Results  Patients with first-episode psychosis had higher levels of glutamate in the associative striatum and the cerebellum during the antipsychotic-naive condition compared with controls. After clinically effective antipsychotic treatment, glutamate levels significantly decreased in the associative striatum, with no significant change in the cerebellum. No differences in glutamate levels were observed between groups at 4 weeks.

Conclusions and Relevance  Increased glutamate levels observed at baseline in patients with first-episode psychosis normalized after 4 weeks of clinically effective antipsychotic treatment. These results provide support for the hypothesis that improvement in clinical symptoms might be related to a decrease in glutamate levels.

Figures in this Article

The current hypothesis for the origin of schizophrenia proposes that the disorder stems from neurodevelopmental deficits that result in a disturbance of glutamatergic neurotransmission, especially for N-methyl-d-aspartate receptor–mediated signaling.1 The deteriorating course of the disease may be partially explained by cortical neuronal toxic effects secondary to enhanced glutamatergic exposure,2 and dopaminergic dysregulation may be the final common pathway that results from altered glutamatergic neurotransmission.3

Neuroimaging studies48 using proton magnetic resonance spectroscopy (1H-MRS) have shown increased levels of the metabolites glutamate, glutamine, glutamate + glutamine (Glx), and glutamine/glutamate in patients with first-episode psychosis (FEP) who are antipsychotic-naive or who have been minimally exposed to antipsychotic medication. On the other hand, studies912 in medicated patients have demonstrated the same levels or decreased levels of these metabolites compared with control subjects.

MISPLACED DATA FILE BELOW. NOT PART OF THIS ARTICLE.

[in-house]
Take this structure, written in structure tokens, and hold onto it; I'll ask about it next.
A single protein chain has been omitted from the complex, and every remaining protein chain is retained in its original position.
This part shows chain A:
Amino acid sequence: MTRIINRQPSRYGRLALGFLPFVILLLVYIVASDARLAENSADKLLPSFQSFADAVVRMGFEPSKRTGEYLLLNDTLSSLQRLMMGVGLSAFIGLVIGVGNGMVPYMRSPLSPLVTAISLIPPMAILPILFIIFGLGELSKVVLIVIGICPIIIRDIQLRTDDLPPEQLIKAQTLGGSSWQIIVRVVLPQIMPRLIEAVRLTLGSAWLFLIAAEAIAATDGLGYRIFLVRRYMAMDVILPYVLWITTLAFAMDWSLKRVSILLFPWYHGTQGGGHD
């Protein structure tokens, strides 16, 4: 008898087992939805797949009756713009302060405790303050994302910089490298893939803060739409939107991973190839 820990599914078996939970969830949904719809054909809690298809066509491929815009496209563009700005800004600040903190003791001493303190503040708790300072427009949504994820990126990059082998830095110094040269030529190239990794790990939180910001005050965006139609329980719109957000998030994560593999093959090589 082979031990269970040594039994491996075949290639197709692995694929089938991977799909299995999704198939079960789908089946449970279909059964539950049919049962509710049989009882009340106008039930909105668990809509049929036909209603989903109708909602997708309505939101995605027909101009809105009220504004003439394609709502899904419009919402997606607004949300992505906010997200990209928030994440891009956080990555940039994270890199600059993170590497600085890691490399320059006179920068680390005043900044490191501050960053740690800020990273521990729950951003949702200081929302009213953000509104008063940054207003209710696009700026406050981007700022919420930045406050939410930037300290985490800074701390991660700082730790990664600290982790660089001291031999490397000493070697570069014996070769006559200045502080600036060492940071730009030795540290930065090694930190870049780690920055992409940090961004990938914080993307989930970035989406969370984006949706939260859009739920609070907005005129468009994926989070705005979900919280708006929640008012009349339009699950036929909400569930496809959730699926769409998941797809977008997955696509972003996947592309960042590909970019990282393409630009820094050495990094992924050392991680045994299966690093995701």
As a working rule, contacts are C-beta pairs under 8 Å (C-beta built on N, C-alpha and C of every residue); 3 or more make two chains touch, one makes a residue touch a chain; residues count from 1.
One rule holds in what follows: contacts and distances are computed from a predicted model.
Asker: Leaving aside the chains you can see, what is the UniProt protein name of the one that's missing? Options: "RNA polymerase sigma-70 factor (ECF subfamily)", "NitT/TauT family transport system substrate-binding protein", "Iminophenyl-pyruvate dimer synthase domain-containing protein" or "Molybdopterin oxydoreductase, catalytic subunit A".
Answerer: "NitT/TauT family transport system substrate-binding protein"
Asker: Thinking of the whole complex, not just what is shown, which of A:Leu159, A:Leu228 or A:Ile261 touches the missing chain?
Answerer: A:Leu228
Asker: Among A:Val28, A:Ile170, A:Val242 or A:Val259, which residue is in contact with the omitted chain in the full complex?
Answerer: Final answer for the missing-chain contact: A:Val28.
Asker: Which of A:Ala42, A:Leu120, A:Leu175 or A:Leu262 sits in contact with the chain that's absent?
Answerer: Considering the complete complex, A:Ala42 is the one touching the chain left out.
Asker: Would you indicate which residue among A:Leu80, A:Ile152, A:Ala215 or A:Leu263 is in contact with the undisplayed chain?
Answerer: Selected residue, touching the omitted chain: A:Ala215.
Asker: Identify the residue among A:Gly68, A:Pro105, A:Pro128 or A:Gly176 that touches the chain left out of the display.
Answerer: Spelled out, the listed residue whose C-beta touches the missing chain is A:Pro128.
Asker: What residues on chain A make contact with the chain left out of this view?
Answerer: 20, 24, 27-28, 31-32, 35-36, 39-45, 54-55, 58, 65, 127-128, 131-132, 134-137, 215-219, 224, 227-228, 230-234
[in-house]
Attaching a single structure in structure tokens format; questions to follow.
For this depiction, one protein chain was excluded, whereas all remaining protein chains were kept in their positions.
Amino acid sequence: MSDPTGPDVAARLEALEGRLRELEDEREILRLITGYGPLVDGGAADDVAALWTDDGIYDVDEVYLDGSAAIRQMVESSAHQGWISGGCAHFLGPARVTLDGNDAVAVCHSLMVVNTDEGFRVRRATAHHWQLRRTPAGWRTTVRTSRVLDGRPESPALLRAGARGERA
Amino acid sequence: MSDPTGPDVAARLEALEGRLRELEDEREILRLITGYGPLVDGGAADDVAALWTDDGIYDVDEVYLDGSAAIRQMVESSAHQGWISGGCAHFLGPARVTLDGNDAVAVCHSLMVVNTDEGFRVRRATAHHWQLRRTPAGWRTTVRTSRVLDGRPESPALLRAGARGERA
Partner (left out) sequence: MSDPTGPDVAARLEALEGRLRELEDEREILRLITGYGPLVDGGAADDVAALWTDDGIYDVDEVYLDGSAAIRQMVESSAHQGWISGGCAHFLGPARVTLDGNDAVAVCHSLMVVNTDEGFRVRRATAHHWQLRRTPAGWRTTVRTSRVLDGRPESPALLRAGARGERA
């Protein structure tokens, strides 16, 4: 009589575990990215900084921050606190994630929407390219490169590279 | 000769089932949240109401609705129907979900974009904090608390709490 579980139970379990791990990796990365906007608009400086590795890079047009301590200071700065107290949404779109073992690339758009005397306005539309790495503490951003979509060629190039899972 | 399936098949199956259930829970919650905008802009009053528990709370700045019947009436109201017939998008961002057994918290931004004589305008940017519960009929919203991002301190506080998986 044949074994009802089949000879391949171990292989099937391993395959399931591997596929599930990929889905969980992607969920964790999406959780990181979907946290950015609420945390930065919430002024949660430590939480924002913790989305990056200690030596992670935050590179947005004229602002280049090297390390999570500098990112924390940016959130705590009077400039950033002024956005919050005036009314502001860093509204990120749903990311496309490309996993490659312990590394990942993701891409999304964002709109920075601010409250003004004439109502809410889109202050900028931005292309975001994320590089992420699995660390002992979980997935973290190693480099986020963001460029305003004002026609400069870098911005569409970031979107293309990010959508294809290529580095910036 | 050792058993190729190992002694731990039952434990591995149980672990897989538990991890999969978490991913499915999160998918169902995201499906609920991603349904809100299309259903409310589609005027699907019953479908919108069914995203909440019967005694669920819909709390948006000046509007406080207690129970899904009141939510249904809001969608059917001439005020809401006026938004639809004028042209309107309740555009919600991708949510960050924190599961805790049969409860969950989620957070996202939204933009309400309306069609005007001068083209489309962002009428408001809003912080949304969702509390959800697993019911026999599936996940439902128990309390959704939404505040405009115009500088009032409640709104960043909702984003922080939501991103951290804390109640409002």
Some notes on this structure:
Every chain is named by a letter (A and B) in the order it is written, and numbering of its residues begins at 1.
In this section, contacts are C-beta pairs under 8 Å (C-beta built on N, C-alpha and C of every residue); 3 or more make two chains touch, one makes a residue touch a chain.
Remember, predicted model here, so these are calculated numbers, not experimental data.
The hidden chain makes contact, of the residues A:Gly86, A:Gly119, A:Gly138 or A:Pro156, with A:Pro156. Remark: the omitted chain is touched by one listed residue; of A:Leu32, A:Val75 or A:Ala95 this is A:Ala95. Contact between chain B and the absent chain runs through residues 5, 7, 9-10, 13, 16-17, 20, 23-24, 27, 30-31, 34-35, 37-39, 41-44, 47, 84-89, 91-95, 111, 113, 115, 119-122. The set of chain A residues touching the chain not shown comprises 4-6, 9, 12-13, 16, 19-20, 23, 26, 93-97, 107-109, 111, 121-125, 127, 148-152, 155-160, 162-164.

Recently, our group reported a cross-sectional study13 in antipsychotic-naive patients with FEP that showed increased glutamate levels in the right associative striatum (ie, precommissural dorsal caudate), a region characterized by a high density of dopamine receptors and dopamine afferents. Conversely, glutamate levels were similar in patients with FEP and controls in the cerebellum, a brain region with a negligible quantity of dopamine receptors and an absence of dopamine afferents, suggesting that the glutamate level anomalies may be restricted to dopamine-rich regions of the brain.

The objectives of this study were to compare the striatal and cerebellar glutamate levels in the right associative striatum and the right cerebellar cortex in antipsychotic-naive patients with FEP before and 4 weeks after antipsychotic treatment and to compare these results with normative data from age- and sex-matched healthy control subjects.

Participants